The only way someone in poverty could hope to come to Canada is through refugee status. I'd be willing to wager that a lot of the illegals, particularly in Arizona where you are db9, are poorer folks in Mexico. They probably can't afford to immigrate through the proper process, but certainly you can't claim refugee status from Mexico, which takes away the other option, and leaves only border-hopping to get to the "land of opportunity".

It's not just poor folks, either. We have an illegal immigration issue right now with a family from Russia, the Bondarenkos. They've been living out of their sailboat, sailing around the world for the past 20 years. Both their kids were born on the boat in international waters (and therefore are stateless). Vitaly Bondarenko, the family head, and his wife sailed to Halifax and decided they'd had enough of sailing around and wanted to stay here. The problem is that they didn't go through the proper process (they didn't file any paperwork, they just sailed into the Harbour and dropped anchor). They've been living here for about two or three years though, and their kids are both in school here and they've bought a home in Lunenburg (a small town around Halifax). The argument is over whether they should be allowed to stay or not - clearly they're model immigrants, the kind of people we'd love to attract here. I've met Vitaly once and he's one of the kindest people I've ever known. But at the same time they're still technically illegals, so the government wants to deport them.

Last I heard though, the Bondarenkos are being allowed a period of a year to file their paperwork and become legal landed immigrants. But they had to leave Canada to do it.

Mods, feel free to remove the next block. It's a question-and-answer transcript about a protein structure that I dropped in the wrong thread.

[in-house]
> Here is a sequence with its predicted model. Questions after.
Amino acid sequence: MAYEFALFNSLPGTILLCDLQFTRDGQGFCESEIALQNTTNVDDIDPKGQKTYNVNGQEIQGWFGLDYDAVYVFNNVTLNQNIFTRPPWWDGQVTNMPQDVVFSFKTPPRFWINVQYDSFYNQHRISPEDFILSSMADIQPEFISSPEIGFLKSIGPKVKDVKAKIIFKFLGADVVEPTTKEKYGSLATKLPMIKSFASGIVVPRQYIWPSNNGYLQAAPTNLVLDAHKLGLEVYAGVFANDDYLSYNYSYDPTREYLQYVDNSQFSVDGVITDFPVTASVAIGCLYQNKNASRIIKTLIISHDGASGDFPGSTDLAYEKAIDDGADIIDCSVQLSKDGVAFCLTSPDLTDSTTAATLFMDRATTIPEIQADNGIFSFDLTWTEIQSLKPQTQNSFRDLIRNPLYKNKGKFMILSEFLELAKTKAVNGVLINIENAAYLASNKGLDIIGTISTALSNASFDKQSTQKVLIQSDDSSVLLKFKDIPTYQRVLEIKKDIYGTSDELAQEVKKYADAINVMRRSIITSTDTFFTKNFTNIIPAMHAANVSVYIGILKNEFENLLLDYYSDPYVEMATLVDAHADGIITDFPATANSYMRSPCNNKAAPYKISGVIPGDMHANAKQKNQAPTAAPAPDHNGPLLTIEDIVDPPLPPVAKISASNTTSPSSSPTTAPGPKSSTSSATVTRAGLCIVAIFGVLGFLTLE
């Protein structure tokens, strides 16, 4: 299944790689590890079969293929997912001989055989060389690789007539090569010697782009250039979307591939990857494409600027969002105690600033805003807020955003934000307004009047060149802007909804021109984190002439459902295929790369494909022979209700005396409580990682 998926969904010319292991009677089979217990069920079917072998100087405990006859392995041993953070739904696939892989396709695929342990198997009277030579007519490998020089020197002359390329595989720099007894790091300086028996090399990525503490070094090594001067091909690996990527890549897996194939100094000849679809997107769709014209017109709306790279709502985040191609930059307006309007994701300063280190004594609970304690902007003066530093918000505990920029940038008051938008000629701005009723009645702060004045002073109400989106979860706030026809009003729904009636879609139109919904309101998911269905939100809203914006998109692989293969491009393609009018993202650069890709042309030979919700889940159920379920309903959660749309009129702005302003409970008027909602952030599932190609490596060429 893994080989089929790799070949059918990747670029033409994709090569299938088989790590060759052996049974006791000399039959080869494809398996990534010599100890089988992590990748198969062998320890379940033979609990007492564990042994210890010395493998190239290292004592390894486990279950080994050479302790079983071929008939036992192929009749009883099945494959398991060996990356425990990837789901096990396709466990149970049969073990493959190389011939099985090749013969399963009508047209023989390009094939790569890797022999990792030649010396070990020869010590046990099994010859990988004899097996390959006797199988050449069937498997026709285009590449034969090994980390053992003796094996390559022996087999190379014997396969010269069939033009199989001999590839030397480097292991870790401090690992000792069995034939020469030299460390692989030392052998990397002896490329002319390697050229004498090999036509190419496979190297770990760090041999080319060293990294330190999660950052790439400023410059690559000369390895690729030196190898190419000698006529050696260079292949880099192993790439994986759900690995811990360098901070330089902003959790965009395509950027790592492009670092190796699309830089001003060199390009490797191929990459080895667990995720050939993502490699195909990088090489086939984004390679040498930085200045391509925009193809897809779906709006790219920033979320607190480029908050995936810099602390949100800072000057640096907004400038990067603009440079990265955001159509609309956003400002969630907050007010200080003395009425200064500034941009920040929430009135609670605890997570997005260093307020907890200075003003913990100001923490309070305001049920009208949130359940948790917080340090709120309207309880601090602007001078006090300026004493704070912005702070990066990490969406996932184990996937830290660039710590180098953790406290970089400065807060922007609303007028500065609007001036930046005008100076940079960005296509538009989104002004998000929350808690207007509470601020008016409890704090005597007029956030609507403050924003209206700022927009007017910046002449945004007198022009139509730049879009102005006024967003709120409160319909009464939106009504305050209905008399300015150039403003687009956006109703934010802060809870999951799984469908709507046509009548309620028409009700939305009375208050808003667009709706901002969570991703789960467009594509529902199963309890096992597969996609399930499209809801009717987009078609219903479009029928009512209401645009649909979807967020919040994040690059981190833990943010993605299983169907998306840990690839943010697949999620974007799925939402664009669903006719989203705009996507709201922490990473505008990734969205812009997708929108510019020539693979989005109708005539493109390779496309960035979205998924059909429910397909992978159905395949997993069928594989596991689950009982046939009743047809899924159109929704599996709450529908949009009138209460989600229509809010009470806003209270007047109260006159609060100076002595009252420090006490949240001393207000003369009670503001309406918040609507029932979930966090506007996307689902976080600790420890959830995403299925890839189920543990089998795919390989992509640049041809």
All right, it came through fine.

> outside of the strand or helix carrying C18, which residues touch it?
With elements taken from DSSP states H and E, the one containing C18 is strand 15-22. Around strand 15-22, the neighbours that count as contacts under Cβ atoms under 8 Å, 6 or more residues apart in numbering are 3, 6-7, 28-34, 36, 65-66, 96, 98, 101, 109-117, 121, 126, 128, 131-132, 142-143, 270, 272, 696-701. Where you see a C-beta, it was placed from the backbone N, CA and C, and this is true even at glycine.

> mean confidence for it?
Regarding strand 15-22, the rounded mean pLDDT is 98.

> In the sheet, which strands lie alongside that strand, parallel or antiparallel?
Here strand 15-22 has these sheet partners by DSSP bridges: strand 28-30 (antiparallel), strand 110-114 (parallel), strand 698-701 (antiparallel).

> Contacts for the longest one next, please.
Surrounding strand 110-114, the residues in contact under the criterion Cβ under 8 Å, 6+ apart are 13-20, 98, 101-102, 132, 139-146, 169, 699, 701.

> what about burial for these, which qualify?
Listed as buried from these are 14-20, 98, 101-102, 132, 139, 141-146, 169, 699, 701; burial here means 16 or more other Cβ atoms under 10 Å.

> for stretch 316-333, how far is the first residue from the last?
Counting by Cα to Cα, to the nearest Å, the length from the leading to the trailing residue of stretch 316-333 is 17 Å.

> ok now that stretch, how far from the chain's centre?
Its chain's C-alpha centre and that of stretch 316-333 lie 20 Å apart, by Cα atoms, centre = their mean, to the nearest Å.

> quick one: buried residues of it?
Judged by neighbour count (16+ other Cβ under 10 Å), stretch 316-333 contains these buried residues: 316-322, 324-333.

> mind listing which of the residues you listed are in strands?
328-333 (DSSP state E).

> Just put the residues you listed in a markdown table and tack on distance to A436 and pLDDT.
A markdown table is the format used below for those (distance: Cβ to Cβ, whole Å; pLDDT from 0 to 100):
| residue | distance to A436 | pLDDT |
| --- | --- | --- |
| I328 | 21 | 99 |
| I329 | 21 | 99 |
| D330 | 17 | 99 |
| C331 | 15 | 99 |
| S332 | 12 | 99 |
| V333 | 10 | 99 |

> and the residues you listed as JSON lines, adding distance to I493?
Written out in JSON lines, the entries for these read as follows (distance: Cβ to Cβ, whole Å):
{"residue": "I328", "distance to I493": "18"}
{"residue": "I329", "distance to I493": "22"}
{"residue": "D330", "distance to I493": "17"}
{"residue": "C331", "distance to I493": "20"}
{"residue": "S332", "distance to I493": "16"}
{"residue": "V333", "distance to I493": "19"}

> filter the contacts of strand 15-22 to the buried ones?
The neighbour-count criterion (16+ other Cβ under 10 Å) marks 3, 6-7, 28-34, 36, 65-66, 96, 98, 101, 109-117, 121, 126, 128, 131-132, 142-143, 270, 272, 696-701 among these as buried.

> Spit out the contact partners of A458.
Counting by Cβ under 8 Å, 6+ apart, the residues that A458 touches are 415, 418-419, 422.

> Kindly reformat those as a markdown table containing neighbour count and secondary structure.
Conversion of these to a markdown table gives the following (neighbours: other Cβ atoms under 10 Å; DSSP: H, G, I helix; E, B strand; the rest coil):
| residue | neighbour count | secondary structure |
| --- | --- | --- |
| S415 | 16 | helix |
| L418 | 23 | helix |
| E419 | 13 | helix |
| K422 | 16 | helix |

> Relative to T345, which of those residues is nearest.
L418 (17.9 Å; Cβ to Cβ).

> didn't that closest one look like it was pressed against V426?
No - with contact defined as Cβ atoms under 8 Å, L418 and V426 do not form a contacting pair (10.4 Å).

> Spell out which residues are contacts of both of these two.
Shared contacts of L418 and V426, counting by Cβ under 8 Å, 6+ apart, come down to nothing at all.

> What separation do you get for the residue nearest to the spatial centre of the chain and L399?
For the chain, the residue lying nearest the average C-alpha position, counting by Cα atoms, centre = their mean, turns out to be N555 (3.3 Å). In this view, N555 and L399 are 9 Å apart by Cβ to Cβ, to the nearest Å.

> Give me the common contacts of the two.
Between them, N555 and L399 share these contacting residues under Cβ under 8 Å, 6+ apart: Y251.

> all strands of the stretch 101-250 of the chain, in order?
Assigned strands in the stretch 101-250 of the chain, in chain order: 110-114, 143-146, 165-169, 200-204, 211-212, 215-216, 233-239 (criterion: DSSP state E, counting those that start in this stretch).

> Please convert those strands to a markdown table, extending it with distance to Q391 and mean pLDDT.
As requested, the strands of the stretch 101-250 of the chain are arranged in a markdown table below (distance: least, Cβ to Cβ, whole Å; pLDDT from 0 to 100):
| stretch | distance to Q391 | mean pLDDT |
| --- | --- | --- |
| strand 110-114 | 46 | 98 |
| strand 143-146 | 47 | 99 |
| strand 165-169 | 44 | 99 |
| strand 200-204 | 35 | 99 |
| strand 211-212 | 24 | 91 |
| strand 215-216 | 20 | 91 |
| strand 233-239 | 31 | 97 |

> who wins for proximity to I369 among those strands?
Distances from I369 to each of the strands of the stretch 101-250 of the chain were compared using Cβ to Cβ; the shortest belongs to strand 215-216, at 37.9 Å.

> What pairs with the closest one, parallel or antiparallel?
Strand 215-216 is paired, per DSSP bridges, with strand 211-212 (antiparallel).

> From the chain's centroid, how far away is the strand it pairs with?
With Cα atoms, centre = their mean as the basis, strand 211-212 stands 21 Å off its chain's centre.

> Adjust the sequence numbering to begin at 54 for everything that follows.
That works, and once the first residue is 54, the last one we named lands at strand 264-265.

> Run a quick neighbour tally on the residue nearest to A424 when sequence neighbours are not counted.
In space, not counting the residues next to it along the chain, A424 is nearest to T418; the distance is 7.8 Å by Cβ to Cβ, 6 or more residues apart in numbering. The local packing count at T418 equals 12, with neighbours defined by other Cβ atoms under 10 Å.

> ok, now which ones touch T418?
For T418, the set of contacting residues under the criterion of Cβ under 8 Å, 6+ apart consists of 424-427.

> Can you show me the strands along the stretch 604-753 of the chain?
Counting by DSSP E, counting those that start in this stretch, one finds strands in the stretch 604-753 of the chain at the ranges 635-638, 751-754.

The point of that story is that it's a lot more complicated than "illegals are poor Mexicans". It's damn tough to get into North America legally.
DaveC is online now  
Old 11-10-2006, 09:57 AM   #6
Rock n' Roll Doggie
 
BrownEyedBoy's Avatar
 
Join Date: Jun 2001
Location: San Pedro Sula, Honduras
Posts: 3,510
Local Time: 08:36 AM
It´s a deeply rooted issue. To think that a friggin´ wall in the year 2006 was all that the richest government in the world could come up with as a solution is just ridiculous.

I´ve heard of people who illegaly immigrated in to the country who are now earning 8K salaries a month just by cleaning houses and gardening. Or becoming hairstylists.

Those salaries here in Honduras are INSANE. You have to be a highly ranked executive to earn 8K a month. My boss is a lawyer and a pretty good one too and he earns around 3k a month and he is one of the two best paid lawyers in the city.

What I´m trying to say is that some of these people are so desperate to earn some money and a better living for those that depend on them that they will look for "the american dream" at all costs. Sometimes it even costs them their lives. Why don´t they do it legally? They can´t afford it. It´s really that simple.

A lot of people survive here solely on the money that´s being earned in the US and sent back home.

I thought it was a ver sad low blow when the US decided that a wall was the best solution. A division. The guys who first landed on the moon only thought of a wall to stop illegal immigration...

Anyway, to stop illegal immigration you have to help the economies of under developed countries (which is also the equivalent of hell freezing over) and give people a better quality of life which, for now, is only accesible in the US.